Both Semogue and Excelsior work side by side in friendly competition still to this day, but with slightly different products to offer consumers. New schools means of shaving have done nothing to impact the endurance of this company. The amazing quality of their products stands as a testament to what they mean to the shaving market.

Despite making a name for themselves in the Portuguese market, Semogue has found major success in the United States, Spain, France, Canada, Ireland and Germany.

 Semogue offers many products and has a little something for everyone. Their major draws are certainly their shaving brushes, creams, razors and aftershaves, but it doesn’t stop there. They also have full health, beauty and home lines.

Now that you know all about the company that makes these brushes, let’s get right into what they have to offer.

Semogue 830:

First up is the Semogue 830 brush. At first, its appearance is a little unconventional – instead of the stained wood you’re used to, the handle is made of clear, thick glass so you can see the red base in which the soft, bristly boar hair is knotted and tied into. It’s not the most old-world look for Semogue brushes, but it is definitely eye-popping. Think of it like the wet-shaving version of one of those clear graphing calculators – you get to see what’s inside what you’re using, which is always a nifty thing.

As for the quality of the shaving apparatus itself, you won’t be disappointed with this brush. Luckily, like most Semogue brushes, the 830 features some of the softest boar hair you can find in a wet shaving brush – it’s sturdy enough to hold up to your movements as you build up a lather, but it won’t scratch your skin off (which is always a plus). It’s a bit on the smaller side, which makes it perfect for taking it with you on long trips and planes, and even as one of Semogue’s more expensive brushes, it’s a steal at about $23.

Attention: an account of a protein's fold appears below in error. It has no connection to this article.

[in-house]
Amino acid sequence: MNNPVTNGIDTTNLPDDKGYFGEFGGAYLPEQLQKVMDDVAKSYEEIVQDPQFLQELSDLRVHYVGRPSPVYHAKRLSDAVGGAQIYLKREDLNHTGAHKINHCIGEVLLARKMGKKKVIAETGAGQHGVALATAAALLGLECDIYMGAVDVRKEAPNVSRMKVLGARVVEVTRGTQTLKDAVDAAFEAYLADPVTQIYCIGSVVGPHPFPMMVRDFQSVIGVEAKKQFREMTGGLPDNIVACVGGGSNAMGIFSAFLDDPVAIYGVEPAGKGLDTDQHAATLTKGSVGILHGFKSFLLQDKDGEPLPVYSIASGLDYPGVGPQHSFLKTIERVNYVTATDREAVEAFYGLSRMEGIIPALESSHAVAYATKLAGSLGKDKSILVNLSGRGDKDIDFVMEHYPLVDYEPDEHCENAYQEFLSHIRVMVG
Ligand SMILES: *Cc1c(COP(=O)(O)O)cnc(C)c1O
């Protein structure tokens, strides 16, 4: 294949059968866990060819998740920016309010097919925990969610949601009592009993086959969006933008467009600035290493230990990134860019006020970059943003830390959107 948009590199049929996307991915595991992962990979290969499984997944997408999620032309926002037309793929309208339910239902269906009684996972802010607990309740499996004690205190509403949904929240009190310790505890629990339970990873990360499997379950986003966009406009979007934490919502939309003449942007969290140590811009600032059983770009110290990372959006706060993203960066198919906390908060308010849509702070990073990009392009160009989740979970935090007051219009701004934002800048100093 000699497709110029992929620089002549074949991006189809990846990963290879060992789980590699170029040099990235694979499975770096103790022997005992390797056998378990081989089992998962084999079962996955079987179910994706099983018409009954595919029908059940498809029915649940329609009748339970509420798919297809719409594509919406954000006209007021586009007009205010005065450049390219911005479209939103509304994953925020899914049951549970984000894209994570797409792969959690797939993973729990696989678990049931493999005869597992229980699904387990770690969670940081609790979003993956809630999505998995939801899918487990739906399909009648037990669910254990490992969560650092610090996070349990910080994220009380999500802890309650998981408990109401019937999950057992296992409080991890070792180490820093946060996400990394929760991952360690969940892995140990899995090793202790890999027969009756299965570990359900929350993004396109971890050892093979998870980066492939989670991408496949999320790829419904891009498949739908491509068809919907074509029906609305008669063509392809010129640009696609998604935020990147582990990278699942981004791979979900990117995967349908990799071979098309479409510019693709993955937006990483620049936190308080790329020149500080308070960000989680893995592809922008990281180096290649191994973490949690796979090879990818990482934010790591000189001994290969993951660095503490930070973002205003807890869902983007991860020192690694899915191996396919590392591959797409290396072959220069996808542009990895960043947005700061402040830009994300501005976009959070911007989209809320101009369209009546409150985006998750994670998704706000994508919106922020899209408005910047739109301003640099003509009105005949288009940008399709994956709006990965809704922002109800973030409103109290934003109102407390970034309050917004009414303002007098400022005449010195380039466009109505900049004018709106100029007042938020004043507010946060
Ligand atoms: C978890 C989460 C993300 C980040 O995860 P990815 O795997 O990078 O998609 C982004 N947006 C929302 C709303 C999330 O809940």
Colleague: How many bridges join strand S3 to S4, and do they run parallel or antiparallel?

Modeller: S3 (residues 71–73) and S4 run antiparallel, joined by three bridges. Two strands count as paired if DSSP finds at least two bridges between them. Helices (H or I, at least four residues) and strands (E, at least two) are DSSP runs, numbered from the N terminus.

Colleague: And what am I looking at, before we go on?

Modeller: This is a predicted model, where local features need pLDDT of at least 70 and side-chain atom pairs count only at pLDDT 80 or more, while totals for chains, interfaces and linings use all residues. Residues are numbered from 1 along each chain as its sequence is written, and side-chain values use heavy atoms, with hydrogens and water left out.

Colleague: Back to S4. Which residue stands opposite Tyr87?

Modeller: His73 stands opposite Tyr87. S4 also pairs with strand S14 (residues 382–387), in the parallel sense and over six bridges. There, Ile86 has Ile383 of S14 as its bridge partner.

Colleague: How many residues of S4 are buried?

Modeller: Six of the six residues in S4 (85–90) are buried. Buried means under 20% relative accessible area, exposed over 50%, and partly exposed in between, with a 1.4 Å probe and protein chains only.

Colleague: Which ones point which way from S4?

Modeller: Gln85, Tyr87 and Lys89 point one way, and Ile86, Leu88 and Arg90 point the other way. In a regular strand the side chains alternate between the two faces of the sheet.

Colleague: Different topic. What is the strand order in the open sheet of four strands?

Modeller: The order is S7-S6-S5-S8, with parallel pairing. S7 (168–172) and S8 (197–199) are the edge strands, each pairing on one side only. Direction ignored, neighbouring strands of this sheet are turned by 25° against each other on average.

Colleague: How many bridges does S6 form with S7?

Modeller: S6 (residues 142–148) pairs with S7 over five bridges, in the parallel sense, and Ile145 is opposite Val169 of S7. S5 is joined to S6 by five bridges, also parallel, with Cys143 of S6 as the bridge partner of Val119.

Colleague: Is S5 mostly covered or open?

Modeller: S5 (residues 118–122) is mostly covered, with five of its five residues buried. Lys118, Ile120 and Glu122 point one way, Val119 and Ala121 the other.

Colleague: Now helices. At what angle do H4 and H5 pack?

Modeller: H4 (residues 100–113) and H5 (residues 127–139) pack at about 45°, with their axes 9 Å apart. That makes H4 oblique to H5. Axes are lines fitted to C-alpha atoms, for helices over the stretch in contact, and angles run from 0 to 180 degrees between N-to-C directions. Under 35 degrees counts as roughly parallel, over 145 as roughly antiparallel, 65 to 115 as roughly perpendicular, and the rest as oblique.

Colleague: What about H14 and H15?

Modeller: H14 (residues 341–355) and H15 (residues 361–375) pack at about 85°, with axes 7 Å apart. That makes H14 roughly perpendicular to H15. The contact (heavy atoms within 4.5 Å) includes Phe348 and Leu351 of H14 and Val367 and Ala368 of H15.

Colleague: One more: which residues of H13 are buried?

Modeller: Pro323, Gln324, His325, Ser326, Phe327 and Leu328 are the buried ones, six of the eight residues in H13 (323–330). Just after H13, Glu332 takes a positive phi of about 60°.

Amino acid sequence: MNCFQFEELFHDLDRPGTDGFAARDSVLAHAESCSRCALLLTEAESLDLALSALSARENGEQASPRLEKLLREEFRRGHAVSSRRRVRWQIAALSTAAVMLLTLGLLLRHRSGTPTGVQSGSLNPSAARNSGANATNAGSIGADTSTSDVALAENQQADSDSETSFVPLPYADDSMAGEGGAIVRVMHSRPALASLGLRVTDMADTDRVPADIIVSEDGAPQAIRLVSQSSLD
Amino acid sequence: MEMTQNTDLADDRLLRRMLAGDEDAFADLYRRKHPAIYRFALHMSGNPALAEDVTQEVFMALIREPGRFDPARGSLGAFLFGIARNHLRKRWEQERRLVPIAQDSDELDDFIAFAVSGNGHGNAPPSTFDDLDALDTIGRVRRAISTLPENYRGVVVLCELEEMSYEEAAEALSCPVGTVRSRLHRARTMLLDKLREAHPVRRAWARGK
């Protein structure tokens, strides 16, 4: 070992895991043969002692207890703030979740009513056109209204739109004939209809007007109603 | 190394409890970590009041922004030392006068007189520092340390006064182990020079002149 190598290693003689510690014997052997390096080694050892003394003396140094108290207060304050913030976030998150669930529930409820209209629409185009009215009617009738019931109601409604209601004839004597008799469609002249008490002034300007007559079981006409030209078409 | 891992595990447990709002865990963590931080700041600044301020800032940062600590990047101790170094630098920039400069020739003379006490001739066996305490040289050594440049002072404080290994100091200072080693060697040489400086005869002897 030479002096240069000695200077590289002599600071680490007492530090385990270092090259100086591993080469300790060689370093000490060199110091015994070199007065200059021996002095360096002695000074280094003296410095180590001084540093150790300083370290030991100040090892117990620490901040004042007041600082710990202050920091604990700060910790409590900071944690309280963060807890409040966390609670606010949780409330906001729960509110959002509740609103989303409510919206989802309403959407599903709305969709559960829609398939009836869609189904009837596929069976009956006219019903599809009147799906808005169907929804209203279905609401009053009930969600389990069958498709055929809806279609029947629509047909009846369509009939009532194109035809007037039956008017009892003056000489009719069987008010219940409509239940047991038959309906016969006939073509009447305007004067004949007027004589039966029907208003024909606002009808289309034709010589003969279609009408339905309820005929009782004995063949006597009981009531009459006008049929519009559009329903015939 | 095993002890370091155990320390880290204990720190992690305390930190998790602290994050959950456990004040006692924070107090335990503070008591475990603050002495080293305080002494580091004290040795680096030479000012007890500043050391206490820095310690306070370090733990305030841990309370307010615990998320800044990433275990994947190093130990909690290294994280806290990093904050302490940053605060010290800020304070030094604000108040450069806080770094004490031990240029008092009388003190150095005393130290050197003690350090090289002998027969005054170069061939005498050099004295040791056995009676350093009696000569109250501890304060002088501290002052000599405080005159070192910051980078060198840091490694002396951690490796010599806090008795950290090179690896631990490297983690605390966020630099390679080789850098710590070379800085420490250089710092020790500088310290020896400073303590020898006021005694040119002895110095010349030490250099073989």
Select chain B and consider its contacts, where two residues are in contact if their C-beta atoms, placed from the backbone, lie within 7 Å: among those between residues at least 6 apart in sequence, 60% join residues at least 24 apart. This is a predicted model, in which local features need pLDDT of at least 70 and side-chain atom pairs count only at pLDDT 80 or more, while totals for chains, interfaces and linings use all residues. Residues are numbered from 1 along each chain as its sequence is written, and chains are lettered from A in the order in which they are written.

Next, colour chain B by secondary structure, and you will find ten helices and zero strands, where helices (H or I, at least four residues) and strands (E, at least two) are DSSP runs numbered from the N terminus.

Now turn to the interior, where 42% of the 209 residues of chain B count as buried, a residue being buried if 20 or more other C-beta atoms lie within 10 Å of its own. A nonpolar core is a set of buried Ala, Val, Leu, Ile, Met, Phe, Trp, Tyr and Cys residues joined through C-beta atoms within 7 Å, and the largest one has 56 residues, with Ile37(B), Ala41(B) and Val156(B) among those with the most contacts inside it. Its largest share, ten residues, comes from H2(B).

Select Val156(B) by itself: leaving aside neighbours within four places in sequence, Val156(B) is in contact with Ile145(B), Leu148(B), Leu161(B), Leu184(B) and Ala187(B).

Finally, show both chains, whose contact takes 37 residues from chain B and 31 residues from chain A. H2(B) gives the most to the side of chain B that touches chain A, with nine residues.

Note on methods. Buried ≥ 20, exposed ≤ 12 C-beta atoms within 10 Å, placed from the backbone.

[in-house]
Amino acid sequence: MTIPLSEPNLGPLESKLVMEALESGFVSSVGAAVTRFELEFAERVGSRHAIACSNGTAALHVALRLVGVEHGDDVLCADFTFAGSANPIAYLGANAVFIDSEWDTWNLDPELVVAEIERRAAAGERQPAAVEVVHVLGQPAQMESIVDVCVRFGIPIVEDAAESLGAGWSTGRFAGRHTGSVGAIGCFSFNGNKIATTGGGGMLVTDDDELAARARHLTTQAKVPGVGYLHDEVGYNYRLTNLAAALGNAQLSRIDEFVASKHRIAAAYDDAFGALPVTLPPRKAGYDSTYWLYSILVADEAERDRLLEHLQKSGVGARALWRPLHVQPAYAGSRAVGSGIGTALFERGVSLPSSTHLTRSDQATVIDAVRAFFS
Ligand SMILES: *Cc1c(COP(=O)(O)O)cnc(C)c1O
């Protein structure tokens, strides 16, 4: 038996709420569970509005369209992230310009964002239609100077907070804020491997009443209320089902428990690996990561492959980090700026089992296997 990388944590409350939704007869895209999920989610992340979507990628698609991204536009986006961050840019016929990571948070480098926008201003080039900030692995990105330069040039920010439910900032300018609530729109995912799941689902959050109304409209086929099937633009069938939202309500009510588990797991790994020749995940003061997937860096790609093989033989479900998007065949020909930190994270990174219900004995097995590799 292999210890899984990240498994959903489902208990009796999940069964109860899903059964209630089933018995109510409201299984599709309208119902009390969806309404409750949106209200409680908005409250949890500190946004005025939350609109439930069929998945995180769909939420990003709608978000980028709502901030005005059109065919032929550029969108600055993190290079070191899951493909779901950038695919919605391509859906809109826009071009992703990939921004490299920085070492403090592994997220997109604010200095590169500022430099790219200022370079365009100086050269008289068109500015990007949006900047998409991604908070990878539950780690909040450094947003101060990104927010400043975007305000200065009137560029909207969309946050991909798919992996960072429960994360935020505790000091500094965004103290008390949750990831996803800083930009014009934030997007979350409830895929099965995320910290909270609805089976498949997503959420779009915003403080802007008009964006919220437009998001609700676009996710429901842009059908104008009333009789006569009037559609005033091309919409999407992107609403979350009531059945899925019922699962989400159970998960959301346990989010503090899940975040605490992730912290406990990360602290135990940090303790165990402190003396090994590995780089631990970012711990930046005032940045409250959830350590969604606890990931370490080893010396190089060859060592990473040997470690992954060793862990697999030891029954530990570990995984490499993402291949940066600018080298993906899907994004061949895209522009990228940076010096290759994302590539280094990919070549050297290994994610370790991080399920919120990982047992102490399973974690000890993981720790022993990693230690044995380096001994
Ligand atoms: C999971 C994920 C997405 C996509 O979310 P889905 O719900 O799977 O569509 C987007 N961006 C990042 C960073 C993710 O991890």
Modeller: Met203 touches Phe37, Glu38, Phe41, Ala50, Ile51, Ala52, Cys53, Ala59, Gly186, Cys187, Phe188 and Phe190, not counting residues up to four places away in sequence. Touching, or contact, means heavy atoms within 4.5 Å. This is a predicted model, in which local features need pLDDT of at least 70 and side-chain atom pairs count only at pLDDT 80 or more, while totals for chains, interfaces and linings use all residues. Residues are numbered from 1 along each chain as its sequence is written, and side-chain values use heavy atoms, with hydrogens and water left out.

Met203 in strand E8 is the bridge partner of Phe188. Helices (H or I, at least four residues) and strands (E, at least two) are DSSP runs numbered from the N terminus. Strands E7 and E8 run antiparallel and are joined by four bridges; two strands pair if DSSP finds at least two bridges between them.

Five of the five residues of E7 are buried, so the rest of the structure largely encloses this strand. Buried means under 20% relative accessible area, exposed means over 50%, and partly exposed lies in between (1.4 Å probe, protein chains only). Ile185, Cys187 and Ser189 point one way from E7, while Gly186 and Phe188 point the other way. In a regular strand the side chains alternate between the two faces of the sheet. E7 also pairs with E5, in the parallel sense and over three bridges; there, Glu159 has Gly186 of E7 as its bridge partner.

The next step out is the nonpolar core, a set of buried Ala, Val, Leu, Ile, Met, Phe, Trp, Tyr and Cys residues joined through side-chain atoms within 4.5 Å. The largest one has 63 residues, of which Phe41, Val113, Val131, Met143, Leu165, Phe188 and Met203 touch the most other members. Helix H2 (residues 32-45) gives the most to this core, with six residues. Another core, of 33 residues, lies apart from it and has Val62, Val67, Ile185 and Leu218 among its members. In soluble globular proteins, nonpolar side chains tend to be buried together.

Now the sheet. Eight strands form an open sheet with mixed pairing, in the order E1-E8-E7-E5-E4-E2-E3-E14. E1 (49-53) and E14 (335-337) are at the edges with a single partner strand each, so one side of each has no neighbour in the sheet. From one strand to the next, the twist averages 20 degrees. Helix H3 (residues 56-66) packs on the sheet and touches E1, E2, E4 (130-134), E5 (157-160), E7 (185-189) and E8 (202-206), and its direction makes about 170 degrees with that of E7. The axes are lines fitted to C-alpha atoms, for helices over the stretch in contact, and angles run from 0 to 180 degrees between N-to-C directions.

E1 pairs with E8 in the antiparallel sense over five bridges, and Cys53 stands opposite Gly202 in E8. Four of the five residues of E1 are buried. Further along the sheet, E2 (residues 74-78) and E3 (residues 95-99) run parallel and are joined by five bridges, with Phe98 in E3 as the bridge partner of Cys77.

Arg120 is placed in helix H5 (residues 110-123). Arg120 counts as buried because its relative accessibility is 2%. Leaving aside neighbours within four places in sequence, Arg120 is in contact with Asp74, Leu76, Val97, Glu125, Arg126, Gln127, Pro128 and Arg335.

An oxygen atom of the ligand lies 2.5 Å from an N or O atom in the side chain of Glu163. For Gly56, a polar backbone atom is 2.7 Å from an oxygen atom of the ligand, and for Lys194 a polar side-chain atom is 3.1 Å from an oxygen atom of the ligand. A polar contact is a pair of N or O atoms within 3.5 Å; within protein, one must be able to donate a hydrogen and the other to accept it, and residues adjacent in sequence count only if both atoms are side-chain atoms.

Semogue 1438:

If you want a Semogue brush that is a bit more on the old-school side – maybe one that looks more like the one your grandpa used – the Semogue 1438 has an appropriately classic design. Here, we have a white ceramic handle, smooth to the touch and easy to grip, with a black stripe dividing the white section from the deep, dark, lipstick red on the bottom. (Think of it like a classy bowling pin that you use to shave your face.) My favorite part is the overt groove on the bottom, where the black stripe is – it makes it much easier to grip and apply for your lather than the slightly smoother surface of the 830. Still, grip style is a matter of preference, so either of these would be perfect to use.